Thanks so much and good birding.

Meret Wilson, Master Bander
Tomoka State Park
Ormond Beach,
Volusia County, FL
32174

Sent from my goofy iPhone
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Date: 7/12/14 5:06 pm
From: Meret Wilson <wilsonsplover7...>
Subject: Re: [BRDBRAIN] [SWFLBirdline] Lee co. Least peep
A birding friend from TX told me many years ago July 6 was the official start of fall migration beginning with shorebirds. Guess she's right. Fits my personal observations!

Meret Wilson, Tomoka State Park
Ormond Beach,
Volusia County, FL
23861

Sent from my goofy iPhone

On Jul 12, 2014, at 7:32 PM, Charlie Ewell <anhinga42...> wrote:

Out at Cayo Costa SP (accessible by boat only) we had an adult Least Sandpiper, 3 Western Sandpipers, about 20 Short-billed Dowitchers, 1 Ruddy Turnstone, a Caspian Tern, and many Western Willets that were all molting out of breeding plumage making them 99.9% returning adults, echoing France's claim that Fall migration is officially underway. Lots of summering immature shorebirds were present in the lagoon area as well.

On a non-bird note the shoreline was a nonstop parade of Snook just behind the breakers, and sea turtle nests are at an all time high out there.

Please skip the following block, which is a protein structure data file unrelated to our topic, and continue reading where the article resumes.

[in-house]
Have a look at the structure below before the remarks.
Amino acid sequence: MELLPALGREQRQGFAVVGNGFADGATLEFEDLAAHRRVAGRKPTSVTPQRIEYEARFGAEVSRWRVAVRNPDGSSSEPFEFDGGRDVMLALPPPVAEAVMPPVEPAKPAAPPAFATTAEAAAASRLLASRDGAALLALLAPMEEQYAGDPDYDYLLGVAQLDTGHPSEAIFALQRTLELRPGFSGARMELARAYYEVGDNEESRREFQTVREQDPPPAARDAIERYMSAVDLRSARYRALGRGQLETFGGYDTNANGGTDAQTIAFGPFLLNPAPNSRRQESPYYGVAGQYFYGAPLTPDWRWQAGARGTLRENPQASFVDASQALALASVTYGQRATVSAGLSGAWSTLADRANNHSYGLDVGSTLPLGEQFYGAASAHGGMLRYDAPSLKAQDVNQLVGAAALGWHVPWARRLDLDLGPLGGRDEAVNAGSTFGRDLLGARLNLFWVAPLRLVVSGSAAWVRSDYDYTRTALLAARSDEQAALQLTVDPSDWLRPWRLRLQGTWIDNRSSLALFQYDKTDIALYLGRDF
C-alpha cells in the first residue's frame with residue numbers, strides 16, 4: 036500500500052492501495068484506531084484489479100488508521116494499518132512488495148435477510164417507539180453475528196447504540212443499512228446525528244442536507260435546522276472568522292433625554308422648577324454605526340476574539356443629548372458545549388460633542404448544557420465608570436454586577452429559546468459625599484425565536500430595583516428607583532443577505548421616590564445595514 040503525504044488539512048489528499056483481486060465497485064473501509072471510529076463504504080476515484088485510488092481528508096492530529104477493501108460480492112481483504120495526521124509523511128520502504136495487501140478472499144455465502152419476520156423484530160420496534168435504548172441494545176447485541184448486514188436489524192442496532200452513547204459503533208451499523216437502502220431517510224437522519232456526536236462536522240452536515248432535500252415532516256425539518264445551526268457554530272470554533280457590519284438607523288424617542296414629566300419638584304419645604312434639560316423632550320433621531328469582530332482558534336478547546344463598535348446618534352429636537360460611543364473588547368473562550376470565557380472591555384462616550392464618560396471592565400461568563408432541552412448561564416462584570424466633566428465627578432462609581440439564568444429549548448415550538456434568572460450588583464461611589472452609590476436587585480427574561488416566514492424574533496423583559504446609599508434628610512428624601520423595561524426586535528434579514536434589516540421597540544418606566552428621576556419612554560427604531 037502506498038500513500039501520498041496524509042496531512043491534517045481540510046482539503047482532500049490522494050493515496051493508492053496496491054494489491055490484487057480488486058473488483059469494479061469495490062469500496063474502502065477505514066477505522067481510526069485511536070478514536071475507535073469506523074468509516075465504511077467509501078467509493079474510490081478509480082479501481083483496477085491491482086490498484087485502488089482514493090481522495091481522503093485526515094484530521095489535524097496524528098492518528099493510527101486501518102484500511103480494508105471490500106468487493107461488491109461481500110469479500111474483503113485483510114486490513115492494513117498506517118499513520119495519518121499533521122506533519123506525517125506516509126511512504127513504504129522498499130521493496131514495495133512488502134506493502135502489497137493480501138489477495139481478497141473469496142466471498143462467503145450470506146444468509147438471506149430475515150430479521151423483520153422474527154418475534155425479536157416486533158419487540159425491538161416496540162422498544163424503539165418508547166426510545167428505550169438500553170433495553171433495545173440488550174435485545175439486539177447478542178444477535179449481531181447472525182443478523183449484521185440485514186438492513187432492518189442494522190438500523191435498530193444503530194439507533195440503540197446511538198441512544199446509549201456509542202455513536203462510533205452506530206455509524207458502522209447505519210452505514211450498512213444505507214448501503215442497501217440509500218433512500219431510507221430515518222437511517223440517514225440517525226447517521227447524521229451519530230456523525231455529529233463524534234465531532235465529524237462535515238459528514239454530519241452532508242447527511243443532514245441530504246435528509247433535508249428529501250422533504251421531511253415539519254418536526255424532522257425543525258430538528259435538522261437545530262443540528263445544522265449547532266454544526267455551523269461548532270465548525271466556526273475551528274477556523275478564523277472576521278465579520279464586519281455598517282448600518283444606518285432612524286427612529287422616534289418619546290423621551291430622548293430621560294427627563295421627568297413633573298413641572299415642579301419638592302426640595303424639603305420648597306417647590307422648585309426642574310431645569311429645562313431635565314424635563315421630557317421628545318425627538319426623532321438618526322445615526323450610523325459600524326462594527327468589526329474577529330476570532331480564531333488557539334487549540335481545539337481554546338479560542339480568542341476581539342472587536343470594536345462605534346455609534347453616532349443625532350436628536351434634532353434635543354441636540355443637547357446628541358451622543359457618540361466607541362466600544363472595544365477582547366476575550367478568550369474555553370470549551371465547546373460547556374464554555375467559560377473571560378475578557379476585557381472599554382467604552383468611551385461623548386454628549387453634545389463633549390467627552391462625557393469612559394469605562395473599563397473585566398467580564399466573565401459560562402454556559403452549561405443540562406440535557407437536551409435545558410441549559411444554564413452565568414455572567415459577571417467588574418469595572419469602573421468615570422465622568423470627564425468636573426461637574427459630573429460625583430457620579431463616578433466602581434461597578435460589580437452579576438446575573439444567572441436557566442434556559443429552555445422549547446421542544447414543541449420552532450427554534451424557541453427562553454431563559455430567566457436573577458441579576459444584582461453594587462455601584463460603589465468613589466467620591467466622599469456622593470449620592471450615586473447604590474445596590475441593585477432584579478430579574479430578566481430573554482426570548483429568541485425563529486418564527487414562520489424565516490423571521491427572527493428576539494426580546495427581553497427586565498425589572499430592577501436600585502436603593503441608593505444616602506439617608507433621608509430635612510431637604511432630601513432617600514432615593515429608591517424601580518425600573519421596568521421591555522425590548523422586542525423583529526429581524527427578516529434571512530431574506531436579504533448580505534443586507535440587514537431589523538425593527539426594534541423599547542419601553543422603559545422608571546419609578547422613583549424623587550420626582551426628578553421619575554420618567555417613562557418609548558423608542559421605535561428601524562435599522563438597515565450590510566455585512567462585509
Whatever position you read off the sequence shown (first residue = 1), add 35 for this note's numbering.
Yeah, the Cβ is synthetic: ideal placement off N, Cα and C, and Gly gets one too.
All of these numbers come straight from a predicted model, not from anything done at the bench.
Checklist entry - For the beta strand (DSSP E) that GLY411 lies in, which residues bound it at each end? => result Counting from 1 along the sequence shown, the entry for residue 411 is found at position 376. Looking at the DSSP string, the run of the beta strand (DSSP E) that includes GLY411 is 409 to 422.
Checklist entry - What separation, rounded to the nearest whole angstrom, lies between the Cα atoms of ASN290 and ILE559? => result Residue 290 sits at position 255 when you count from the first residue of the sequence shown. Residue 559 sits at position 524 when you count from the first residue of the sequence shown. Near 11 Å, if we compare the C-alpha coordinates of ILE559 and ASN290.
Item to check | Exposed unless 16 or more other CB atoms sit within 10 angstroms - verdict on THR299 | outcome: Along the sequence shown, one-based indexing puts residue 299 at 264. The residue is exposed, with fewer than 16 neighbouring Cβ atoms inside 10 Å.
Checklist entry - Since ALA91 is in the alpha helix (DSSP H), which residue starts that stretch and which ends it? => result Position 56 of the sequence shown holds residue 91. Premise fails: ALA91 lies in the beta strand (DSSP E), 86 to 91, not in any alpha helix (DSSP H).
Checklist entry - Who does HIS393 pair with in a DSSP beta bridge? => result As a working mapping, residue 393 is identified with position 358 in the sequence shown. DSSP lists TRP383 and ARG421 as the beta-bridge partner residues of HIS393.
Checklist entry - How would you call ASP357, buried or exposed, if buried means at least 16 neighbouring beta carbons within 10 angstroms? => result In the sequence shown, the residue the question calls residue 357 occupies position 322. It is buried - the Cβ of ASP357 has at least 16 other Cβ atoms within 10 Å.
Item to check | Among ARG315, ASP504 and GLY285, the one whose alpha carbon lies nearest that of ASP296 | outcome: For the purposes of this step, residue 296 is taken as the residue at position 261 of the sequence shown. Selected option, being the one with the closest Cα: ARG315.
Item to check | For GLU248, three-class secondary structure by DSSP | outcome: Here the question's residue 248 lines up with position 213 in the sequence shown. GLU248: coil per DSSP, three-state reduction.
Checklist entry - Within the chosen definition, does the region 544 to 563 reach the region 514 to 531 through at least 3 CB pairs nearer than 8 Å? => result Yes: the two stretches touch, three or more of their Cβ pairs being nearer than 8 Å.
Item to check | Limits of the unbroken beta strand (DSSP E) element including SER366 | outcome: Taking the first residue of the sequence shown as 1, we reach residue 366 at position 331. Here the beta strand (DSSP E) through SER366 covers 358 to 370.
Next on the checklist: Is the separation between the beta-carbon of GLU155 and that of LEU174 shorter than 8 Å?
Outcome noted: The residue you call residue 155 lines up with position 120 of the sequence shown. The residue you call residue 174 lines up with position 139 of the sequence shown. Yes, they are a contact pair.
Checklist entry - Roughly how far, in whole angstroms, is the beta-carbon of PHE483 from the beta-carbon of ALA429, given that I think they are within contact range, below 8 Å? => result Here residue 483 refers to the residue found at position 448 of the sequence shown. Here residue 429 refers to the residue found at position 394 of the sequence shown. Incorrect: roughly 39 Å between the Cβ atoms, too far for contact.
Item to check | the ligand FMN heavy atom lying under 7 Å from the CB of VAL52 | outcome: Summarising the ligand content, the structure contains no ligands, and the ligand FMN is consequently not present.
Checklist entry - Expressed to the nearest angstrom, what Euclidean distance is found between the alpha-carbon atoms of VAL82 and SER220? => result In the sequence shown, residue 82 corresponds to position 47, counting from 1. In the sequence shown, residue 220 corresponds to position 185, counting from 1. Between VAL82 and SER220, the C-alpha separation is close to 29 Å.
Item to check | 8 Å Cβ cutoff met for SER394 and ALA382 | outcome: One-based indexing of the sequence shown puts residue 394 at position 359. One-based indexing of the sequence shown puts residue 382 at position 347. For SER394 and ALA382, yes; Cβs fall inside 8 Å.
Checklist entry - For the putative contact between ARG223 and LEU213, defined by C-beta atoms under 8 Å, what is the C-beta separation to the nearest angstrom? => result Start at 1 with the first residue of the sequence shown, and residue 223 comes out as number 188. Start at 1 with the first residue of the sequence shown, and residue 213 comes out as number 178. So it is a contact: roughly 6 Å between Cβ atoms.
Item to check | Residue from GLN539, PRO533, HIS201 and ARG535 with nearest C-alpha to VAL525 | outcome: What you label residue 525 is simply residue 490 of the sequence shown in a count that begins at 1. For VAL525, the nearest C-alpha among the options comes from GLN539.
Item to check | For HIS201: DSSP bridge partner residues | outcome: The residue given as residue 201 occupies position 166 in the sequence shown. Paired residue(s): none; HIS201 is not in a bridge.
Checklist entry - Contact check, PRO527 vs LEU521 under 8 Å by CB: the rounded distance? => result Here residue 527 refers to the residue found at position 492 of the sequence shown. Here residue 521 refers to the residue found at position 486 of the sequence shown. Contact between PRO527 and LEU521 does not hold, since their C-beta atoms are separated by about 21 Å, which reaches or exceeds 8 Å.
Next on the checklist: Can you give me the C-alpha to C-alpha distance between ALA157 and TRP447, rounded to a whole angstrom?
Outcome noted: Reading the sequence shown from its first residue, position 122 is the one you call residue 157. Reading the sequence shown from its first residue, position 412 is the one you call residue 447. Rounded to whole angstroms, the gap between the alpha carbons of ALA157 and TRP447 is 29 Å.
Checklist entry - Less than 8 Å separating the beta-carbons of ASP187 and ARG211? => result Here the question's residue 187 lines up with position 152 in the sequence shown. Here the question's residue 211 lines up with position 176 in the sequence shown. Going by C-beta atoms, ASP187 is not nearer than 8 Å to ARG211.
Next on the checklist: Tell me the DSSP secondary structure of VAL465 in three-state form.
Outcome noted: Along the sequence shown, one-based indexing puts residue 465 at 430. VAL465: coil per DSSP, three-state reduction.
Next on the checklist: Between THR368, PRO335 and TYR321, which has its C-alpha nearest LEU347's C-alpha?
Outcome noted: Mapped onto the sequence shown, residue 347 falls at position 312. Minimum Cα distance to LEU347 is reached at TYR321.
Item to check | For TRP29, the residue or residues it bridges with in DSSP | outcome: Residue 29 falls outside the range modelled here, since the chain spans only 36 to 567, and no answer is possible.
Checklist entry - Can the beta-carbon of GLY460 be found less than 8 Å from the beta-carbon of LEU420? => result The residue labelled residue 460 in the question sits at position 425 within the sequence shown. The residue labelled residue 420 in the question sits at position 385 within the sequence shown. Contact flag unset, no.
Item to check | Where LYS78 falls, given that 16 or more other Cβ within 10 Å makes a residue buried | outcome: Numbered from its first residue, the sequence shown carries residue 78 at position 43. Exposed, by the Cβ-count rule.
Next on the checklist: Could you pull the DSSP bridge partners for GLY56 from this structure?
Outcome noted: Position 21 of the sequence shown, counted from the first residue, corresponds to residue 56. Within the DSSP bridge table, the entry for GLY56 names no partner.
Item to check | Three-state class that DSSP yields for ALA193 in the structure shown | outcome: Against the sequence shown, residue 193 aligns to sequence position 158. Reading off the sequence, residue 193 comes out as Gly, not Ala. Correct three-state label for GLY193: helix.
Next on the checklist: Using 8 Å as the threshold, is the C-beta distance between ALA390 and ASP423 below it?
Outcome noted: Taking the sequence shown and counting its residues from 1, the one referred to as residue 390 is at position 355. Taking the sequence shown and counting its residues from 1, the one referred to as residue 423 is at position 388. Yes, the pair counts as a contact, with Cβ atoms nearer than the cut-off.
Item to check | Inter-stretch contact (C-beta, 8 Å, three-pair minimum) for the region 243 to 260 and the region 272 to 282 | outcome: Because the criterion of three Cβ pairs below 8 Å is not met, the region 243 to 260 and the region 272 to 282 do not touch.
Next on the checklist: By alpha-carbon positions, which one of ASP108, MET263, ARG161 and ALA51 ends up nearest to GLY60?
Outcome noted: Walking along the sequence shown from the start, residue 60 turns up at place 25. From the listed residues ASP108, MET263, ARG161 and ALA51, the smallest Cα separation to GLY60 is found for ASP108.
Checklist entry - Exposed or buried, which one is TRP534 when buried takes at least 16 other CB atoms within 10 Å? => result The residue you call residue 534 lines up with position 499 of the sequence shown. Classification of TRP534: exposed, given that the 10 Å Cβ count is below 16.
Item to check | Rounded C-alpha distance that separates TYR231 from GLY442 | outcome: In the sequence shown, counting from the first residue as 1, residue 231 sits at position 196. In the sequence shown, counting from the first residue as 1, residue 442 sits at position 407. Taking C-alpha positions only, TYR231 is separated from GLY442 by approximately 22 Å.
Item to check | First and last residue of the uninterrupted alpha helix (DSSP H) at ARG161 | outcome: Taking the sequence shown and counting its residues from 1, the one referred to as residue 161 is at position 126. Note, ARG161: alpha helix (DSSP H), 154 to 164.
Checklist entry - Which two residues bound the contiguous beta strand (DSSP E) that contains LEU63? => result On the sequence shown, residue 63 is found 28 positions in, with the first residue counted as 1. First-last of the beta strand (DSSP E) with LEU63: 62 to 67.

Charlie


Charlie Ewell
Cape Coral, FL
<anhinga42...>

Sent via the Samsung Galaxy S™ III, an AT&T 4G LTE smartphone



-------- Original message --------
From: "'<mmanetz...>' <mmanetz...> [SWFLBirdline]"
Date:07/12/2014 10:02 AM (GMT-05:00)
To: "France <france4fa...> [SWFLBirdline]" ,BirdBrain ,<swflbirdline...>
Subject: RE: [SWFLBirdline] Lee co. Least peep

I had one yesterday at Stump Pass and a flock of 17 in a sod field along 31in Charlotte this morning....


Sent from my Verizon Wireless 4G LTE Smartphone


-------- Original message --------
From: "France <france4fa...> [SWFLBirdline]"
Date:07/12/2014 9:31 AM (GMT-05:00)
To: BirdBrain , <swflbirdline...>
Subject: [SWFLBirdline] Lee co. Least peep


Good morning bird folks,
While doing my turtle patrol this morning, I did notice a few more birds were present....Willets with brighter and darker plumage next to some paler ones and a Least Sandpiper which made me realize that I hadn't seen one in some time. Cheers for the birds coming back!

France Paulsen
Sanibel, Florida

Posted by: France <france4fa...>
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Posted by: "<mmanetz...>" <mmanetz...>
Reply via web post • Reply to sender • Reply to group • Start a New Topic • Messages in this topic (2)
VISIT YOUR GROUP New Members 2
• Privacy • Unsubscribe • Terms of Use
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Date: 7/12/14 3:17 pm
From: Alice Horst <ahorst...>
Subject: [BRDBRAIN] Citrus County Birding
Early today we went "in search of" Nightjars in Citrus County. On S. Trail 13
in Withlacoochie State Forest, 1.5 from 44, we heard Common Nighthawks,
but could not see them because of the mist/fog. We heard Chuck-will's-widow
then saw the several CONIs flying.
We continued on S. Trail 13 and decided to try for Brown-headed Nuthatches
at about 3.5 miles into the Forest. No BHNU's showed. But to our
surprise 4-6 Red-cockaded Woodpeckers arrived in front of us. There
were no white-banded nest trees visable. Pictures of one RCWO show bright
blue/red bands, maybe this year's young?
We also saw Pine Warblers, adult and juvies and what we thought was a